pop culture

Queen Jess

Featured in Everything You Ever Wanted to Know About Dallas Blondes

How she came to rule over everything she surveys.

When mankind’s scroll is etched with the last syllable of recorded time, it will be possible for our Maker to review the many points in our history when the seductive power of a woman’s blonde tresses drove the civilized world mad. The most recent such entry is time-stamped as follows: “December 16, 2007, Cowboys-Eagles, 13:38 Remaining in the 2nd Quarter.”

That’s the exact time at which Jessica Simpson—theretofore known only as a vapid, voluptuous, harmless Dallas-bred pop tart—made her power known. Clad in a white Tony Romo jersey with a pink No. 9, her image was shown to a national television audience as the American football announcers discussed her burgeoning romance with the Dallas Cowboys’ quarterbacking lothario. What happened next may seem insignificant, even common—Flozell Adams committed a false-start penalty—but in truth the lasting image of her from that game set in motion cosmic forces we are only now beginning to understand.

In essence, her second-quarter performance proved the nonpareil power of her blondeness. That day, Jessica Simpson assumed the crown of The Quintessential Dallas Blonde—and thus became the most influential, enviable, remarkable woman of our time.

How is this possible? How can someone who once compared the smell of barbecue sauce to “chicken farts” be our modern Helen of Sparta? Is Jessica Simpson’s face, hair, or ample cleavage capable of launching a thousand ships? For our answer, we must further examine that moment when the appropriately named FOX cameras caught Simpson tugging at her jersey, staring into the nation’s collective eyes, and screaming “woo.”

For context, consider the history of the blonde as international seductress. The first such woman we do not know by name, but we estimate she came into existence some 11,000 years ago. That is when, owing to the Ice Age’s scarcity of men and the need for women to stand out as potential mating partners, a tectonic shift in pigmentation occurred, and the first fair-haired vixens sprang up in Northern Europe. In modern times, names were attached to these legendary, divisive blondes: Mae West, Marilyn Monroe, Jenna Jameson.

All these women fully understand the power potential of a blonde. The sexiest blondes represent all things to the adoring, slathering male populace. They can seem angelic and virginal, then, with a twirl and flip of their hair, they become wicked and sultry, the original good girls gone wild.

Until that fateful day last December, Jessica Simpson had displayed few of these qualities. True, the many iterations of her persona had elements of the above traits, and her singing and television careers had garnered her a certain level of fame. But these personalities—Church Choir Jessica, Virginal Jessica, MTV Jessica, GQ Jessica, Divorced Jessica, BFF w/ Christina Applegate Jessica—in no way prepared us for the overwhelming sensuality she and her hair would loose upon the world once they coalesced into the woman we now know as Yoko Romo.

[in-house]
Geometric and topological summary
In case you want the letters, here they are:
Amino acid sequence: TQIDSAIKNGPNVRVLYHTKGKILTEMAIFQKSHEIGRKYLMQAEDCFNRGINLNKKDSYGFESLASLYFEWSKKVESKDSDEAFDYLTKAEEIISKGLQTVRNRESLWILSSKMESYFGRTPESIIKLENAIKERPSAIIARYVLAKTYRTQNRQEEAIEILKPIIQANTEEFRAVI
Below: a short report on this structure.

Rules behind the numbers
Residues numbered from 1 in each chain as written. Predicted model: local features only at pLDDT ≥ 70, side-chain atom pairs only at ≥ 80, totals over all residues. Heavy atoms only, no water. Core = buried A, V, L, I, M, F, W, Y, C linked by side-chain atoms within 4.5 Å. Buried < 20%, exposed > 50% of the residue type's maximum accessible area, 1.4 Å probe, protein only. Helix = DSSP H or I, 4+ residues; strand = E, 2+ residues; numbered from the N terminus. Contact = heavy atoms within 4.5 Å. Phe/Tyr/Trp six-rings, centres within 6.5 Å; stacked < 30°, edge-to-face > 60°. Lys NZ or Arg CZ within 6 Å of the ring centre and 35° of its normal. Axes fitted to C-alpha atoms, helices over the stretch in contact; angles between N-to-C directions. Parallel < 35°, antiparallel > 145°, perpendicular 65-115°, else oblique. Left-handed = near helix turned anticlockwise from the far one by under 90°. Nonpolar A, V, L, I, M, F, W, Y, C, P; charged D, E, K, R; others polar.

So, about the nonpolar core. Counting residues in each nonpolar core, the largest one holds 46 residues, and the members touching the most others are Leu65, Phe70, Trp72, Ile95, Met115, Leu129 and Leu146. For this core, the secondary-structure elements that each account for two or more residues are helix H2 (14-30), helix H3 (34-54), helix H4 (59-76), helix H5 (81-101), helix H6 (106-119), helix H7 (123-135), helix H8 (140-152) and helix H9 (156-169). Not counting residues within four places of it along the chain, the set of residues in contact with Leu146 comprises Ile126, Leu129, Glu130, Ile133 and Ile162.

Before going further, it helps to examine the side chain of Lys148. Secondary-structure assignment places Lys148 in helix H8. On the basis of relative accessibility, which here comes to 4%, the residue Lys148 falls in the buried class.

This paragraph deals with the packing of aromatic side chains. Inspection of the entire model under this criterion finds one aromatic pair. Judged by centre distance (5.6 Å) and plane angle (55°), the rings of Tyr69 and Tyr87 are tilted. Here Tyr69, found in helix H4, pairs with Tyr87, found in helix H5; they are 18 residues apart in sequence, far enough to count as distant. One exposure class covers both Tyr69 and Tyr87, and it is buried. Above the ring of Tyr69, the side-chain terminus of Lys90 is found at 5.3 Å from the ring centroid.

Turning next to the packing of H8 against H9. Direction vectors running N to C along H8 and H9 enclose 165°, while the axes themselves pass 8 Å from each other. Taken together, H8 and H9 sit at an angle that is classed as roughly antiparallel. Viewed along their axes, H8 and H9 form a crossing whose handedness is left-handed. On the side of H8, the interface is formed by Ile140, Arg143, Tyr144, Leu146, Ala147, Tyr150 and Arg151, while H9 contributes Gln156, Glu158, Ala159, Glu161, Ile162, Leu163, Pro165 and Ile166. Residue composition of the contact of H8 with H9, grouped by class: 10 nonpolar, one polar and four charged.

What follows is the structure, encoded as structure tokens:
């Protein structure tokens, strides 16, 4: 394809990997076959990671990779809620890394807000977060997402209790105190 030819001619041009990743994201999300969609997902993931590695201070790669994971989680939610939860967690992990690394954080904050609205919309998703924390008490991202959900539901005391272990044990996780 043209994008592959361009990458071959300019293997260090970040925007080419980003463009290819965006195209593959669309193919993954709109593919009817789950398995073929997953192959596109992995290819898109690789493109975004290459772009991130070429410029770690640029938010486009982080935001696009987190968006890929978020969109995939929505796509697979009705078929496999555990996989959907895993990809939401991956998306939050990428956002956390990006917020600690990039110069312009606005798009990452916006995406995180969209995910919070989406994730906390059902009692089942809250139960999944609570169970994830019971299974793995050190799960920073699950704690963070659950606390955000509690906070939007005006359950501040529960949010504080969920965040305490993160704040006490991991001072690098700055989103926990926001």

Yes, she’d taken the occasional swim in Lake Hotness, especially during her big-screen, bikini-clad romp as Daisy Duke, but never for a period long enough to justify calling her our modern blonde Medusa. Until then, we’d never longed to tame the golden snakes in her head.

Remember, if you will, what she looked like when you first saw her on your television, split-screen with the quarterback of America’s Team: wide eyes, outlined in war-paint levels of mascara; soft, pale, pouting pink lips; freakishly white teeth. None of these features is what captivated the world. And it wasn’t her enormous silver loop earrings or her black Charles Nelson Reilly-sized sunglasses resting atop her head that transfixed the masses.

It was that hair. Not just its hue (that of aurulent, honeyed silk, if such a fabric were colored once every two weeks), but its bounce, its curl, its joie de vivre. It was hair that just got out of bed after a long night of lovemaking. It was hair that framed a face unaffected by fame, confident and calm no matter the harshness of the spotlight’s glare. It was hair resting on enormous boobs.

It was then that she became what all men wish for, what we have always desired: the mythical blonde she-devil, tawdry and flaxen, coquettish and golden, a wicked angel ready to teach us sinful delights.

The problem is, of course, that men can’t handle the power of a blonde woman in full. Tony Romo had his worst game of the year that day, and those of us who care for his well-being, as well as those of us who bet big on the ’Boys and gave the Eagles points, were understandably angry that she distracted her boyfriend, the nation, and beyond.

Now, though, we see it was inevitable. Her power was growing. She was in Dallas, after all, which is not only her hometown but also where you can find the throne reserved for the prettiest young big-haired blonde around. It is here where the quintessential blonde, from Bonnie Parker to Candy Barr to Morgan Fairchild, is crowned.

Now Jessica Simpson is our latest member of Dallas Blonde royalty and, by extension, the most powerful blonde Jezebel in the universe. She should know that others will mock and belittle her for this. But so what? Outside her palace, the Queen of England is made fun of, too. That does not diminish the reach of her domain. And she’s not nearly as hot as our Jess.

We in Dallas, then, should embrace Her Majesty, Jessica Simpson. For her hair defines not only her—it defines our city. If that drives you mad, so be it. That’s what blondes do.

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